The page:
The “Chicago Parent Program” Proves as Effective in Reducing Children’s Behavior Problems as Nationally-Renowned “Parent-Child Interaction Therapy”
New Research from the Johns Hopkins School of Nursing
A new study led by researchers at the Johns Hopkins School of Nursing (JHSON) suggests that the Chicago Parent Program, a group-based parent management training (PMT) program developed by JHSON faculty Deborah Gross, is just as effective in decreasing child behavior problems as is Parent-Child Interaction Therapy (PCIT)—often considered the “gold standard” among PMT programs. The study also revealed that CPP took less time to complete and cost about 50 percent less to implement than PCIT.
The research was recently published in the Journal of the American Academy of Child & Adolescent Psychiatry. It compared the two evidence-based programs to measure their effectiveness for a low-income population of families, compare cost, and to determine if group-based versus individualized training made an impact on the end result. Most of the families in the study were African American.
While both programs teach the same behavioral strategies and have been shown to improve parenting skills and decrease behavior problems in young children, the teaching methods and treatment duration within the programs are different.
The Chicago Parent Program:
- Group-based learning structure that meets for two-hour sessions for a period of 12 weeks
- Treatment delivered by two trained clinicians; parents attend sessions without children
- Learning is facilitated by watching and discussing video vignettes of real-life families navigating common parenting challenges; problem-solving with other parents of children with challenging behavior
- Curriculum focuses on helping parents to clarify their child-rearing goals, learn limit-setting strategies, and develop problem-solving skills.
Parent-Child Interaction Therapy:
- Mastery-based, individual coaching model delivered in one-hour sessions
- Parents and children attend together
- Parents are coached by a trained therapist from behind a one-way mirror. Parents receive very specific guidance and positive reinforcement from the therapist regarding interactions with their child
- Treatment progresses at the rate parents learn and master the skills; treatment is completed once the parent has mastered all skills.
For the study, a group of 158 parents were randomized to CPP or PCIT. Participants were selected from among those who were seeking treatment for their 2-5-year-old children’s behavior problems in an urban mental health clinic between the years 2012 and 2016. The majority of parents were low-income and experiencing significant psychosocial adversity. Child behavior problems were assessed at baseline, post intervention, and four months after each program’s completion using a standardized child behavior measure called the Child Behavior Checklist.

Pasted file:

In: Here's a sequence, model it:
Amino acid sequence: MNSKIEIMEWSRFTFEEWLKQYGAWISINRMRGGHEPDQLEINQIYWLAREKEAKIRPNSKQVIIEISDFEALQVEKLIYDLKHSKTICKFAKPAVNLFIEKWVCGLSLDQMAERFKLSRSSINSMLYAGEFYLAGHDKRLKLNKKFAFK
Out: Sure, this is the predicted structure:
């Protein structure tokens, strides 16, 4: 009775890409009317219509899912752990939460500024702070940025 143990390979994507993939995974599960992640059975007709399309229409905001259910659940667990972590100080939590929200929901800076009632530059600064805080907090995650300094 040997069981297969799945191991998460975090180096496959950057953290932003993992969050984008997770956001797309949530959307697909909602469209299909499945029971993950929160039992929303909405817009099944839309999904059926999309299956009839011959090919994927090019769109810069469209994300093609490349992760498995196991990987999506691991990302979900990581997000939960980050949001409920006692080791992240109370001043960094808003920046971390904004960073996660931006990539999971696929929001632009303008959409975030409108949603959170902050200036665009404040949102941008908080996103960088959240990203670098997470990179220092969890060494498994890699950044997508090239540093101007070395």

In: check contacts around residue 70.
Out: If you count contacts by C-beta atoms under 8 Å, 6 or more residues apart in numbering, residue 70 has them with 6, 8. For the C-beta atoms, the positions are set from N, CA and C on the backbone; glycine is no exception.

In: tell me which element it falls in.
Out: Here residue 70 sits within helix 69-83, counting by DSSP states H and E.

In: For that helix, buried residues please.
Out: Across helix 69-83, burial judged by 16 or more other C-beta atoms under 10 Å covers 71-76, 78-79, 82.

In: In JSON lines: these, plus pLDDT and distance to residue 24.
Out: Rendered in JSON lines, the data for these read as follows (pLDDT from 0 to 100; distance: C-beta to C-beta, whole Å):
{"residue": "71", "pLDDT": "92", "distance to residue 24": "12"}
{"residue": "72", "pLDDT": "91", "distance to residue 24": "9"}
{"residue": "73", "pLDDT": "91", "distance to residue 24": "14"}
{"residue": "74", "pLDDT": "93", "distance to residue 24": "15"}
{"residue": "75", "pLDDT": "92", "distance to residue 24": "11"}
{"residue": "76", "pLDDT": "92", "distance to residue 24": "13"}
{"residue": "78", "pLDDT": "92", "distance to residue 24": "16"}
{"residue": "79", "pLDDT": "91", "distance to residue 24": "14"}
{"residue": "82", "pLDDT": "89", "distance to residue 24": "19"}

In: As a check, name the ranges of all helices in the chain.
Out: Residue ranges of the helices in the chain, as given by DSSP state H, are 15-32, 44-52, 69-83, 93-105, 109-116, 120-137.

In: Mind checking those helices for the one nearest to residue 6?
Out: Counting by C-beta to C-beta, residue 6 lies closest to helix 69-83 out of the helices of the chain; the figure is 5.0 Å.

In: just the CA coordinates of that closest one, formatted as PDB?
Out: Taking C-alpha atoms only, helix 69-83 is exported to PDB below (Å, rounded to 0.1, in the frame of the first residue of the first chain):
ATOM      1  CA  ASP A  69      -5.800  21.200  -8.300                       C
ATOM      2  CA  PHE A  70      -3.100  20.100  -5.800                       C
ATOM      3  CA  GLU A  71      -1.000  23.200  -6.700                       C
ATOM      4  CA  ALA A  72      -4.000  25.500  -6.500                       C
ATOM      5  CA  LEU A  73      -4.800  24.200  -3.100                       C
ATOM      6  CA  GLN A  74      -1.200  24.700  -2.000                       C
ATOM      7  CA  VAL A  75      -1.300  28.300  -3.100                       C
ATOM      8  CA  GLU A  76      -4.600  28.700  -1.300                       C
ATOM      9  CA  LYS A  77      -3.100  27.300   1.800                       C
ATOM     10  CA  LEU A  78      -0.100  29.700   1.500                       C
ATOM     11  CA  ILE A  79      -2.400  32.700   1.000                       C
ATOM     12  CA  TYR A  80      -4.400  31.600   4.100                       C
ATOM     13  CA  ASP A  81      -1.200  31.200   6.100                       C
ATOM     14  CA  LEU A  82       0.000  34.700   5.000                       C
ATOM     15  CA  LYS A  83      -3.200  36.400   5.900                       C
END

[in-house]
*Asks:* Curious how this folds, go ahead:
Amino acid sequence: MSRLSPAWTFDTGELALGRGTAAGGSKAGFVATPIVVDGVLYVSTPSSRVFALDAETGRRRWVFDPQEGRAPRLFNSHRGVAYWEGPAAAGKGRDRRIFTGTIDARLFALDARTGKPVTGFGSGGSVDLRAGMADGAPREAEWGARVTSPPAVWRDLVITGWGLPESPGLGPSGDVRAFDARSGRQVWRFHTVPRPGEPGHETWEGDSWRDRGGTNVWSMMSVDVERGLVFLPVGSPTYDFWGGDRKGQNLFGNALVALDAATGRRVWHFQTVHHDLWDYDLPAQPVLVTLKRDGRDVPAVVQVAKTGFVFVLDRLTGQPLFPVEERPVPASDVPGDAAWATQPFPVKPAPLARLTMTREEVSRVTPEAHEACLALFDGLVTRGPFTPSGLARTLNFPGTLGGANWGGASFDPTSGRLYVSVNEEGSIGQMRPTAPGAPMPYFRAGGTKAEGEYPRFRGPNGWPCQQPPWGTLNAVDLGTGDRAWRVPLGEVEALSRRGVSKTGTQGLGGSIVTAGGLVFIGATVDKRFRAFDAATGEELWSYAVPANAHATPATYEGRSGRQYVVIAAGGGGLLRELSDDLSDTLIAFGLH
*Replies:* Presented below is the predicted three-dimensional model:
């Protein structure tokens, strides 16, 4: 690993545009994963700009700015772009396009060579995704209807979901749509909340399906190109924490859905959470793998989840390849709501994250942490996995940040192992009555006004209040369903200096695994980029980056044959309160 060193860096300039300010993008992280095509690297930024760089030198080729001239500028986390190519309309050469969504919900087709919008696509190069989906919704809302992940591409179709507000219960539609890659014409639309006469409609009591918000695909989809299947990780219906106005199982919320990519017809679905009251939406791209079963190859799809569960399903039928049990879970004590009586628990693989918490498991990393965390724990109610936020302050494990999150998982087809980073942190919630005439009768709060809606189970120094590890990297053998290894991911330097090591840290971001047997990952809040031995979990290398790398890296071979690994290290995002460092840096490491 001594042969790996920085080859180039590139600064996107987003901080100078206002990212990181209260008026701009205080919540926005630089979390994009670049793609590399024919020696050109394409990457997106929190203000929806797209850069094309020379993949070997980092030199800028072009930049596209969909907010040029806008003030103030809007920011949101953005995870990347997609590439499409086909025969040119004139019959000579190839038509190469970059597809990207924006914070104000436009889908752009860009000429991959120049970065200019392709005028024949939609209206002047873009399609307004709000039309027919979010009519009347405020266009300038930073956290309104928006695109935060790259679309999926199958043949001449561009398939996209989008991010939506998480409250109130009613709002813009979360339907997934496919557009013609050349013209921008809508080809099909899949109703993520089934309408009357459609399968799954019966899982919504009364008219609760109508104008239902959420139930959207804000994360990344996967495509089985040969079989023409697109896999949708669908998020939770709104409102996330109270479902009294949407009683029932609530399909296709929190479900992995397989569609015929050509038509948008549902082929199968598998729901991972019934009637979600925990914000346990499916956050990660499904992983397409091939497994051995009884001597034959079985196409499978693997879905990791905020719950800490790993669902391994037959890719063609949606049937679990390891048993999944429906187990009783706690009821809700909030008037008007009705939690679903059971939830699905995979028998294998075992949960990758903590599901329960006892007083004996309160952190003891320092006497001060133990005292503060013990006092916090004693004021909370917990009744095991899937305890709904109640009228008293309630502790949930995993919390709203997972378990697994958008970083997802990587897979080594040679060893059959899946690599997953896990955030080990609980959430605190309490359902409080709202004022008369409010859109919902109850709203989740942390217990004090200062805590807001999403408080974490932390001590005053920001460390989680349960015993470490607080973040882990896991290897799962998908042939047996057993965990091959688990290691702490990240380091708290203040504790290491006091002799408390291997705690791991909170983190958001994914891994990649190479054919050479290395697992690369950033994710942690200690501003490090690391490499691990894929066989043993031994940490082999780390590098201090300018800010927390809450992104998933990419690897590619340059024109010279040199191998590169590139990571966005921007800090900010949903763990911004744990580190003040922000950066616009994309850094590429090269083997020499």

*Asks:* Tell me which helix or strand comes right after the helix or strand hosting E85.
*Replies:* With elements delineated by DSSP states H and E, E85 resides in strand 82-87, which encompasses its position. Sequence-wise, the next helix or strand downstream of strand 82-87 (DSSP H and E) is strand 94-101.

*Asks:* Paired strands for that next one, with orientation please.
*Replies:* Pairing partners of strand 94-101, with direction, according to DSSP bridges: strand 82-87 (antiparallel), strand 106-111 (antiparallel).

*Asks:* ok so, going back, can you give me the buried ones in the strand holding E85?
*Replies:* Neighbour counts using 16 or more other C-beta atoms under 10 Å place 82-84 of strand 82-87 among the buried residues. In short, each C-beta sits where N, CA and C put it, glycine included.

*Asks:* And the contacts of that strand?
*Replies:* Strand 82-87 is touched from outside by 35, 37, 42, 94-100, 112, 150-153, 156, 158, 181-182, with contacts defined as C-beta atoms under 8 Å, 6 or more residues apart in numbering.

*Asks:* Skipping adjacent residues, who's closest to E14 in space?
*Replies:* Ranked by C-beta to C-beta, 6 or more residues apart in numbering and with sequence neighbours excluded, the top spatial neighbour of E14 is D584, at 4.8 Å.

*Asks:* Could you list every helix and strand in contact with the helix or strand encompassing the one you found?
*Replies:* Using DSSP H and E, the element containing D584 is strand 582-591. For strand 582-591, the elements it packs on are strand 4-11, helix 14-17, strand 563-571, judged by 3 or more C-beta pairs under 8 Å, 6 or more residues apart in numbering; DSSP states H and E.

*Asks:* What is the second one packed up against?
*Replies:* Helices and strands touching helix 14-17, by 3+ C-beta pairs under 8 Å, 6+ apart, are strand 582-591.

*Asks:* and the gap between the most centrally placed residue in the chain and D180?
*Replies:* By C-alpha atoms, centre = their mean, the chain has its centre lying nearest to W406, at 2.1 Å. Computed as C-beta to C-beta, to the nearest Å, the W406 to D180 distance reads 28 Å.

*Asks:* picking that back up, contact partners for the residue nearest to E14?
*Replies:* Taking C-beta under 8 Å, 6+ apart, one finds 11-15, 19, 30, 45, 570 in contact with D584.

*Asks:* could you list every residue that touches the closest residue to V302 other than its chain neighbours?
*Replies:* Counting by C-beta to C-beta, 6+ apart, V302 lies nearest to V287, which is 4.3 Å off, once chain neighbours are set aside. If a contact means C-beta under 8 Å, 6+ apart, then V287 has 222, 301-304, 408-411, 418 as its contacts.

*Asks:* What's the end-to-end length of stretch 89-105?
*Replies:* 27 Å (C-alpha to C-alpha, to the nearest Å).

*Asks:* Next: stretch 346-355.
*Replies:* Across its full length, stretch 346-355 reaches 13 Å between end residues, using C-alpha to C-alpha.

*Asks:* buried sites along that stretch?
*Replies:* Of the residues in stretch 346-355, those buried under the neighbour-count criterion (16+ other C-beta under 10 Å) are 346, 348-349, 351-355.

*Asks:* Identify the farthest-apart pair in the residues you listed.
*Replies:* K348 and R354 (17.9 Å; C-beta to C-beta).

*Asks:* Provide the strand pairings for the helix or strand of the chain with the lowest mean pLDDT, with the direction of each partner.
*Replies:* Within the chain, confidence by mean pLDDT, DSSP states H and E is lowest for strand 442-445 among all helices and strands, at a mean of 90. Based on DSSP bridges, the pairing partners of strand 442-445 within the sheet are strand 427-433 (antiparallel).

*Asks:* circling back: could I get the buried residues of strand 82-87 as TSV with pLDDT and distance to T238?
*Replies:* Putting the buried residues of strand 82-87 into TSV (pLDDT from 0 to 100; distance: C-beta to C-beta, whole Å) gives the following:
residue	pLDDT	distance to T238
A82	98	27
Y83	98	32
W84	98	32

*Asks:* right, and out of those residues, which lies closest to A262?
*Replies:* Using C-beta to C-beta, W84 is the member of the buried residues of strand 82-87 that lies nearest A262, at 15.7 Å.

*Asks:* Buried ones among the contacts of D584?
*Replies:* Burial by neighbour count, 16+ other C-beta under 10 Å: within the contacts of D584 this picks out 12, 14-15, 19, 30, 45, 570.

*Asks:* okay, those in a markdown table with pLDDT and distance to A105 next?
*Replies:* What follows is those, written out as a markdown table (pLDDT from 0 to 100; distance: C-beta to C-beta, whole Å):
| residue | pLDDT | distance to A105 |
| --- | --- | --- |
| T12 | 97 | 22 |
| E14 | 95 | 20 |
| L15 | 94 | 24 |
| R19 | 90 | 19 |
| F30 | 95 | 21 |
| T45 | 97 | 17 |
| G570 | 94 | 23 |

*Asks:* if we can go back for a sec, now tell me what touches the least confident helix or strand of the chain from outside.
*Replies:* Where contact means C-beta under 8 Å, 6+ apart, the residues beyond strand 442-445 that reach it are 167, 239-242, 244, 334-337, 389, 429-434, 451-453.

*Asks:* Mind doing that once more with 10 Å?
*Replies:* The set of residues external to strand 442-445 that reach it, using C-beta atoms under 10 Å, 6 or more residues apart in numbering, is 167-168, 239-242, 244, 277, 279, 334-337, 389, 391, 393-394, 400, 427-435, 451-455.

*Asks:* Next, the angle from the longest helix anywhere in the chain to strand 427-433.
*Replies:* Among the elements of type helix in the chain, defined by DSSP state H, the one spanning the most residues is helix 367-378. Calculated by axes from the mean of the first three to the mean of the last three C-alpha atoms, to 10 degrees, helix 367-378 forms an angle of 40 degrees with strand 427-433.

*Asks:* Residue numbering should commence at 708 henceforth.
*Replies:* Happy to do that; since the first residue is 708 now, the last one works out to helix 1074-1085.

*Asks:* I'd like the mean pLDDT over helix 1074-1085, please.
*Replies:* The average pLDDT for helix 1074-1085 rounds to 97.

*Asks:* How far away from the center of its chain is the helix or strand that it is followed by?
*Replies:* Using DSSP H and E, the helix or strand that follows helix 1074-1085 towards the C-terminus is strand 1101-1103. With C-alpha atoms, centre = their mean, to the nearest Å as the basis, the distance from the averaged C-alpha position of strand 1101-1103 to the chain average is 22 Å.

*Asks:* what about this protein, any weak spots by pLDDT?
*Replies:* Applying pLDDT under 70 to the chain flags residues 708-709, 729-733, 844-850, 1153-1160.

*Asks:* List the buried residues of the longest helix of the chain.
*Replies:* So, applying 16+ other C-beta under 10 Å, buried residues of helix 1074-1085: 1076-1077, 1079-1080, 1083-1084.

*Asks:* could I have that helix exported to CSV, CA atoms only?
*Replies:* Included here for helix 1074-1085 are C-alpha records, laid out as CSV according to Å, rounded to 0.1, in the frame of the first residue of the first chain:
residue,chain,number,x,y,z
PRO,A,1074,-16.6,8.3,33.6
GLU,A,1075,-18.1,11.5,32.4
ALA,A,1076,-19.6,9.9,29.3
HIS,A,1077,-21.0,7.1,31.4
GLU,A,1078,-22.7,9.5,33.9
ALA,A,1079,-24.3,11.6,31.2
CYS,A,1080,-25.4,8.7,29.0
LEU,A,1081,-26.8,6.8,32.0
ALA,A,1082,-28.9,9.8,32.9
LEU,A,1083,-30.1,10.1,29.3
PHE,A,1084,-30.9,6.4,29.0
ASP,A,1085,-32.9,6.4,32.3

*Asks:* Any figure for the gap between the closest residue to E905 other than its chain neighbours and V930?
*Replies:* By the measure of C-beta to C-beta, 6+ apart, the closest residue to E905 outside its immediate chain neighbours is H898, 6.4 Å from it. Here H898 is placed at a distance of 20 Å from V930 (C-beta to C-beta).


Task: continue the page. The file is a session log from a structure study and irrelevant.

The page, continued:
At the conclusion of the study, researchers found that both programs were equally effective for reducing child behavior problems. A comparison of per-participant costs showed that CPP cost nearly 50 percent less than PCIT ($840 per participant in comparison to $1,669).
See the published study for full details.
“These results are a breakthrough in terms of measuring parenting programs, particularly among low-income families experiencing adversity,” says Gross, DNSC, RN, FAAN. “The Chicago Parent Program appears to be a cost-effective alternative to PCIT and targets a segment of the population that has been traditionally left out of reaping the benefits from parenting programs.” Gross developed CPP in 2002 to specifically target this population.
In a companion paper from the same study, the research also showed that parents who were randomized to CPP and were experiencing a high level of psychosocial adversity were more likely to be “highly satisfied” with their treatment compared to PCIT and less likely to drop out of the program.
“PCIT, which requires high executive functioning skills, can be difficult to implement when parents are dealing with stress, trauma, or depression. On the other hand, CPP allows parents to learn vicariously by watching other parents manage a particular situation. They are able to discuss the strategies and challenges without having to implement a solution in the very moment.”
Given this is the first randomized pragmatic trial to compare the effectiveness and cost of two evidence-based PMT programs among a highly vulnerable population, Gross adds future research should also look at strategies to boost engagement and retention within PMT programs among vulnerable populations.
“As with any program, there is rarely a one-size-fits all solution. Sometimes, parents may benefit most by utilizing both PCIT and CPP. This study reveals the importance of having a variety of programs tailored to the needs of specific populations.”
Gross further discusses the findings in a new podcast.
Located in Baltimore, the Johns Hopkins School of Nursing is a globally-recognized leader in nursing education, research and practice. The school ranks No. 1 nationally for its graduate, DNP, and online programs in the U.S. News & World Report rankings. In addition, the school is ranked by QS World University as the No. 4 nursing school in the world, No.1 by College Choice for its master’s program, and No. 1 NursingSchoolHub.com for its DNP program. First opened in 1889, the Johns Hopkins School of Nursing is celebrating throughout 2019 its 130th anniversary as a school and leader in nursing education and excellence. For more information, visit www.nursing.jhu.edu and www.hopkinsnursing130.org.